Plasticity of Vagal Afferent Neurons During Gut Microbial Dysbiosis and Inflammation
Increasing evidence has suggested that vagal afferent neurons can mediate gut microbiota induced effects in the brain and immune modulation during gut inflammation. However, the mechanisms behind the alteration in the activity of vagal afferent neurons by gut bacteria and during inflammation are yet to be fully characterized. The present thesis tests the hypothesis that the gut microbiota and inflammation modulate the excitability of the vagal afferent neurons. Perforated and whole-cell patch-clamp recordings were performed on dissociated nodose ganglia (NG) neurons to measure rheobase and to study the properties of voltage-gated ion channels respectively. I examined the effect of intestinal microbiota on mouse vagal afferent neurons in two ways: 1) incubating dissociated neurons in vitro in supernatant from a community of commensal gastrointestinal bacteria derived from a healthy human donor (Microbial Ecosystem Therapeutics; MET-1); and 2) by inducing microbial dysbiosis in vivo by oral administration of a non-absorbable antibiotic (vancomycin 50 ng/ml). Both exposures to MET-1 supernatant (1:100) in vitro and vancomycin-induced microbial dysbiosis increased the excitability of NG neurons, decreasing the mean rheobase by over 25%. The increase in excitability was reversed using a cysteine protease inhibitor (E-64, 30 nM) and a protease-activated receptor 2 antagonist (PAR2) (GB-83, 10 µM). Furthermore, voltage-clamp recordings revealed that incubation of NG neurons with MET-1 and antibiotic treatment hyperpolarized the voltage dependence of half-activation of Na+ conductance. Together, these findings suggest that cysteine proteases, in vitro and in vivo, increase the excitability of vagal afferent neurons by the activation of PAR2. To determine the effect of inflammation on vagal afferent neurons, the excitability of dissociated NG neurons from mice with DSS-induced colitis was measured. DSS treatment increased the excitability of NG neurons by decreasing the rheobase by almost 30%. The serum from DSS treated mice recapitulated the effect of DSS administration on NG neurons, which was blocked by a nuclear factor-κB (NF-κB) antagonist suggesting that circulating mediators that activated NF- κB signaling pathway increased the excitability of NG neurons. Taken together, these studies suggest modulation in activity of vagus nerve can influence the effect of gut microbiota and inflammation on brain.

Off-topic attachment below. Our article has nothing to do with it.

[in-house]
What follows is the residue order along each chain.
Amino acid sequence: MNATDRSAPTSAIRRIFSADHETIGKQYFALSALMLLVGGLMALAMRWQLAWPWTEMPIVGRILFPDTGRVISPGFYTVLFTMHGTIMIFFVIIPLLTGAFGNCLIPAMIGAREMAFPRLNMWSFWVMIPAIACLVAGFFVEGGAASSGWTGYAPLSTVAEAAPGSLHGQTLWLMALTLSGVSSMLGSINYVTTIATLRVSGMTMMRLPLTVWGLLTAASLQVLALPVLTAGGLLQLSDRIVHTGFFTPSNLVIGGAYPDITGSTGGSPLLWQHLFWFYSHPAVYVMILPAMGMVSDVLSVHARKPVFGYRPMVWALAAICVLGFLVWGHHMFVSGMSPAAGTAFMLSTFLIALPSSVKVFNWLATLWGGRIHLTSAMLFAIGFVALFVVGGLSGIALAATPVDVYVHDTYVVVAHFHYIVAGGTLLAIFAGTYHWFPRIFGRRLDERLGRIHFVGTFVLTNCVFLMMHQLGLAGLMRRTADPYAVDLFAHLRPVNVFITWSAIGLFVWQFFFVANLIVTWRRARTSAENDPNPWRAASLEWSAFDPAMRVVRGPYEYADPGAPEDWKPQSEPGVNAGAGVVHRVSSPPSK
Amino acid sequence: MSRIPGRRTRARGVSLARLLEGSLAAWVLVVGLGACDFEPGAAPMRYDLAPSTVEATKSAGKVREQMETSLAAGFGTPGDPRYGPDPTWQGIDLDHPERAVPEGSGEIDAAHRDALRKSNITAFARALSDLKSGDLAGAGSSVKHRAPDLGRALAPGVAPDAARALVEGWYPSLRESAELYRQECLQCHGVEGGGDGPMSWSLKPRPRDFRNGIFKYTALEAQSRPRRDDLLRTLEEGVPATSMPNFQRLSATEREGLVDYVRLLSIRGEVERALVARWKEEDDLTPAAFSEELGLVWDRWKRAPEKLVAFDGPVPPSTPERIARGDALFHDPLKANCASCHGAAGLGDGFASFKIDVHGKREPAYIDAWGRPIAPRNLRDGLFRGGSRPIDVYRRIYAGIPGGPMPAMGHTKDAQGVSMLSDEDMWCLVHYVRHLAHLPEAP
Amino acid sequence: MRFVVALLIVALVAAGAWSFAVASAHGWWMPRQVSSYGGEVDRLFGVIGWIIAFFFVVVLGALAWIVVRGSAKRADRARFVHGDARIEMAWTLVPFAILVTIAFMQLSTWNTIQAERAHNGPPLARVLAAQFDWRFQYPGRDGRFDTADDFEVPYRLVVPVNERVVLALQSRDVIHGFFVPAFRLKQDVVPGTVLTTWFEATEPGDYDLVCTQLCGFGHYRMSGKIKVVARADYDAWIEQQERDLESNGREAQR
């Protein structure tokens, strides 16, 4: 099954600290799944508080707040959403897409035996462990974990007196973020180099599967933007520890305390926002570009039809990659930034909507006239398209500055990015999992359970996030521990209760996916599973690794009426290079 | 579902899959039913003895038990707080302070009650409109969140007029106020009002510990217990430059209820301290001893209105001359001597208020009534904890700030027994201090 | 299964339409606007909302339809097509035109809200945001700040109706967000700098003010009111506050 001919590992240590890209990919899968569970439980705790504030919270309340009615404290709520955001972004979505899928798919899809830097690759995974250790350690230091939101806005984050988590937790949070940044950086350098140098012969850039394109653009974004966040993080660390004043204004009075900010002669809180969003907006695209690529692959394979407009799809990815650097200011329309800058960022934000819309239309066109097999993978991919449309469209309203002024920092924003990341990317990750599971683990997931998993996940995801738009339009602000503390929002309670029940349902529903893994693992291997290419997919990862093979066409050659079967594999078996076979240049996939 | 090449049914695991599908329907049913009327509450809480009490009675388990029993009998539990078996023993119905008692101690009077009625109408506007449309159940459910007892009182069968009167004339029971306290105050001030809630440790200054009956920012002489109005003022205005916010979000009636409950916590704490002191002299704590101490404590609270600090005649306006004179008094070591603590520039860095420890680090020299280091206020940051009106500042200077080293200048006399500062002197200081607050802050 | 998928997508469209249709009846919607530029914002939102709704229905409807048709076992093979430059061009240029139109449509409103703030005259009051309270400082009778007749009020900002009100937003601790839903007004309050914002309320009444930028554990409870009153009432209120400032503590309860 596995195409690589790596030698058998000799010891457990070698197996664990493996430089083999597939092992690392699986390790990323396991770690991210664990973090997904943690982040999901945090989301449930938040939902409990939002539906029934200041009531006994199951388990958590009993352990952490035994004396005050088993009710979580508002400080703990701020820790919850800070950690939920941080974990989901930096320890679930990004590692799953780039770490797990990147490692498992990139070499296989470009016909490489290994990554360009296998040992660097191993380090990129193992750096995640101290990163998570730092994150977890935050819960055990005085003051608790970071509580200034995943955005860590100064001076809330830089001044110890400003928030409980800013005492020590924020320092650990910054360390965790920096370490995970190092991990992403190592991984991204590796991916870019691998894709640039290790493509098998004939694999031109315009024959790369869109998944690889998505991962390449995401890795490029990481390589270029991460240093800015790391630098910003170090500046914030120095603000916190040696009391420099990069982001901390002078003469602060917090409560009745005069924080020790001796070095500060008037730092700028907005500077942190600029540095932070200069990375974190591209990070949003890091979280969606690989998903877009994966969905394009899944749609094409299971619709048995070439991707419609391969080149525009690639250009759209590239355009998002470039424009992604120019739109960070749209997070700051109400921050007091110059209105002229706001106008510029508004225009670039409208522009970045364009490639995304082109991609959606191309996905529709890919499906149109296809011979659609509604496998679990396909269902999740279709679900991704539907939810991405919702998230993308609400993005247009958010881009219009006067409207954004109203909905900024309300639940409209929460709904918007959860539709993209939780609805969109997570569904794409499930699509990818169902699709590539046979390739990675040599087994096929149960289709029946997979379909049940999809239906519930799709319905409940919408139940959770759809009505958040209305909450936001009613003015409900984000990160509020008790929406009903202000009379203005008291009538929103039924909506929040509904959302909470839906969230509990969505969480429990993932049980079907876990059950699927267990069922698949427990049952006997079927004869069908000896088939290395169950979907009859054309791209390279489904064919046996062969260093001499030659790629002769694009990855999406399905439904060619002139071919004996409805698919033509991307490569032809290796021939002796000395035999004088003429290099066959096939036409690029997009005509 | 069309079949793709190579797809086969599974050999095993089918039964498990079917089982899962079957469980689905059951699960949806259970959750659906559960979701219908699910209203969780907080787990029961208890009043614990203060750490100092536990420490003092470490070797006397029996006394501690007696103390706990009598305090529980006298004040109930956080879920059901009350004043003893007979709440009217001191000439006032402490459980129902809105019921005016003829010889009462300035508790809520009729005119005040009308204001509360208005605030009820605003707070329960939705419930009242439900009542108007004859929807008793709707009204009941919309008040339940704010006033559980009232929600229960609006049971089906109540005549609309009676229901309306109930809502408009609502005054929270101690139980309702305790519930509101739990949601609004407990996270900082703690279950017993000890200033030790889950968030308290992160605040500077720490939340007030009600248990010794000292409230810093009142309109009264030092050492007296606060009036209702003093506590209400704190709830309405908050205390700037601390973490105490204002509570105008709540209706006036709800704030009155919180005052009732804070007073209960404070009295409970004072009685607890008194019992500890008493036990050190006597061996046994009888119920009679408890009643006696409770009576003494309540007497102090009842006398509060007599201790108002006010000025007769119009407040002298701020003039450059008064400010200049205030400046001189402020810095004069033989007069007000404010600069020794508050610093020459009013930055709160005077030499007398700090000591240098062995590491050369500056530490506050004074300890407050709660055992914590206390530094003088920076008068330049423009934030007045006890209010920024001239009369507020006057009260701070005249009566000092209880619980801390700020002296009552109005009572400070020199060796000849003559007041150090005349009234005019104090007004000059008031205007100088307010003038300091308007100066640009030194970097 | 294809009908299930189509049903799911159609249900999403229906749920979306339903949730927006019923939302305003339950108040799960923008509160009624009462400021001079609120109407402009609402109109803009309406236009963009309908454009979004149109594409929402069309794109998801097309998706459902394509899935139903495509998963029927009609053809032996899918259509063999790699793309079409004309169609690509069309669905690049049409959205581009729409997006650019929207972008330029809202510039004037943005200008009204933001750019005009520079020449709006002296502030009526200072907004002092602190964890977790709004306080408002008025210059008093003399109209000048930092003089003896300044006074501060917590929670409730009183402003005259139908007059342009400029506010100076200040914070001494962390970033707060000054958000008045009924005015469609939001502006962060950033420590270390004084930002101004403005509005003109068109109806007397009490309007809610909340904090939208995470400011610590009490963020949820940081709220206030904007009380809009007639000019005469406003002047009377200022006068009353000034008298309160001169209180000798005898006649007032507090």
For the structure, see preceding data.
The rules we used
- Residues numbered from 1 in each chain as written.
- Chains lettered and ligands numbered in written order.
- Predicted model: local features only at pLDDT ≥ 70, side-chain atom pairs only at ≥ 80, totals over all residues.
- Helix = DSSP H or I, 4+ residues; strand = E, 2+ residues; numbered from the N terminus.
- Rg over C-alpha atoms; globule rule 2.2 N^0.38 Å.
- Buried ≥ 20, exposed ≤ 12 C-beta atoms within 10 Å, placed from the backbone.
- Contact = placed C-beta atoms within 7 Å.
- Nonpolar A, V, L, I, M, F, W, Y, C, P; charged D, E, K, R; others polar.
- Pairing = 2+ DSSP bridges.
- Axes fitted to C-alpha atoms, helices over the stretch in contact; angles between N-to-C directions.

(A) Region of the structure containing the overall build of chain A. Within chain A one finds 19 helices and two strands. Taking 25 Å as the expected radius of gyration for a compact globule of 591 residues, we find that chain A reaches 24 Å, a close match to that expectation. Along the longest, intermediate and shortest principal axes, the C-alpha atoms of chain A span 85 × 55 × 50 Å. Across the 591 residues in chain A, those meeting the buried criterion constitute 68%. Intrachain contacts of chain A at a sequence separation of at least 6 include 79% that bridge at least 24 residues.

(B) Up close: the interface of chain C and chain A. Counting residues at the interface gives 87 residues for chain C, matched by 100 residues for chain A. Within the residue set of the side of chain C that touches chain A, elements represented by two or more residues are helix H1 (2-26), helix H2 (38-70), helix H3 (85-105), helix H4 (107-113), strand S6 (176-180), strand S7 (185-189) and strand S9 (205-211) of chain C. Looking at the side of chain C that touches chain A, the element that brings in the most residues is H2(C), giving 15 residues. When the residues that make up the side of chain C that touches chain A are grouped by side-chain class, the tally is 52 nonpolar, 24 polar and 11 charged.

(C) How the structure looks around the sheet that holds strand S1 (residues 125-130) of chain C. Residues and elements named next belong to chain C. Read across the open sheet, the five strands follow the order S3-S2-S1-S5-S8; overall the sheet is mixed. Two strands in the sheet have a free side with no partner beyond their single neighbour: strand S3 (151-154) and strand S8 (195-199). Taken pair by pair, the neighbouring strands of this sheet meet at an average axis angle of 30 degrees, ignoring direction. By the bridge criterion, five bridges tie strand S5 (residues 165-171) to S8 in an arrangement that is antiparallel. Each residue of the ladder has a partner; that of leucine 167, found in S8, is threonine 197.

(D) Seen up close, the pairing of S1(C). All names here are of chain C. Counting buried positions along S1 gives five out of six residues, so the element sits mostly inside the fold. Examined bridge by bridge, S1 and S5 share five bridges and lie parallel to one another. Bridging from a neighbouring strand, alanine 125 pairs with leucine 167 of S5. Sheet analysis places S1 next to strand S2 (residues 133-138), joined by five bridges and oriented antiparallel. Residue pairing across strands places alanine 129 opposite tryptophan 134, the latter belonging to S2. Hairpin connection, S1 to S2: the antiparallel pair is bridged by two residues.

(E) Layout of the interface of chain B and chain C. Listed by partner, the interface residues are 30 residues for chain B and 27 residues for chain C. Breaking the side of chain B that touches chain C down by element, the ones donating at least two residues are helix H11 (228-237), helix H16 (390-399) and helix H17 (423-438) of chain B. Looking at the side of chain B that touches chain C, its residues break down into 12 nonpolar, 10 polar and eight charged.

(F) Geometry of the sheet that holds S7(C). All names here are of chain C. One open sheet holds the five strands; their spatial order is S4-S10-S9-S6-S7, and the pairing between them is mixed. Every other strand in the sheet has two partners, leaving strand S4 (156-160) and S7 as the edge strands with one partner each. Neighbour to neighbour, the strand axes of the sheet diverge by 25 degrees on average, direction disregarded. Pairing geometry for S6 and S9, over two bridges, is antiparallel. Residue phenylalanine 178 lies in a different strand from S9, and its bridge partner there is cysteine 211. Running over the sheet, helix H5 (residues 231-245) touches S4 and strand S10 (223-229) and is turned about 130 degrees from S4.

URI for this recordhttp://hdl.handle.net/1974/26619
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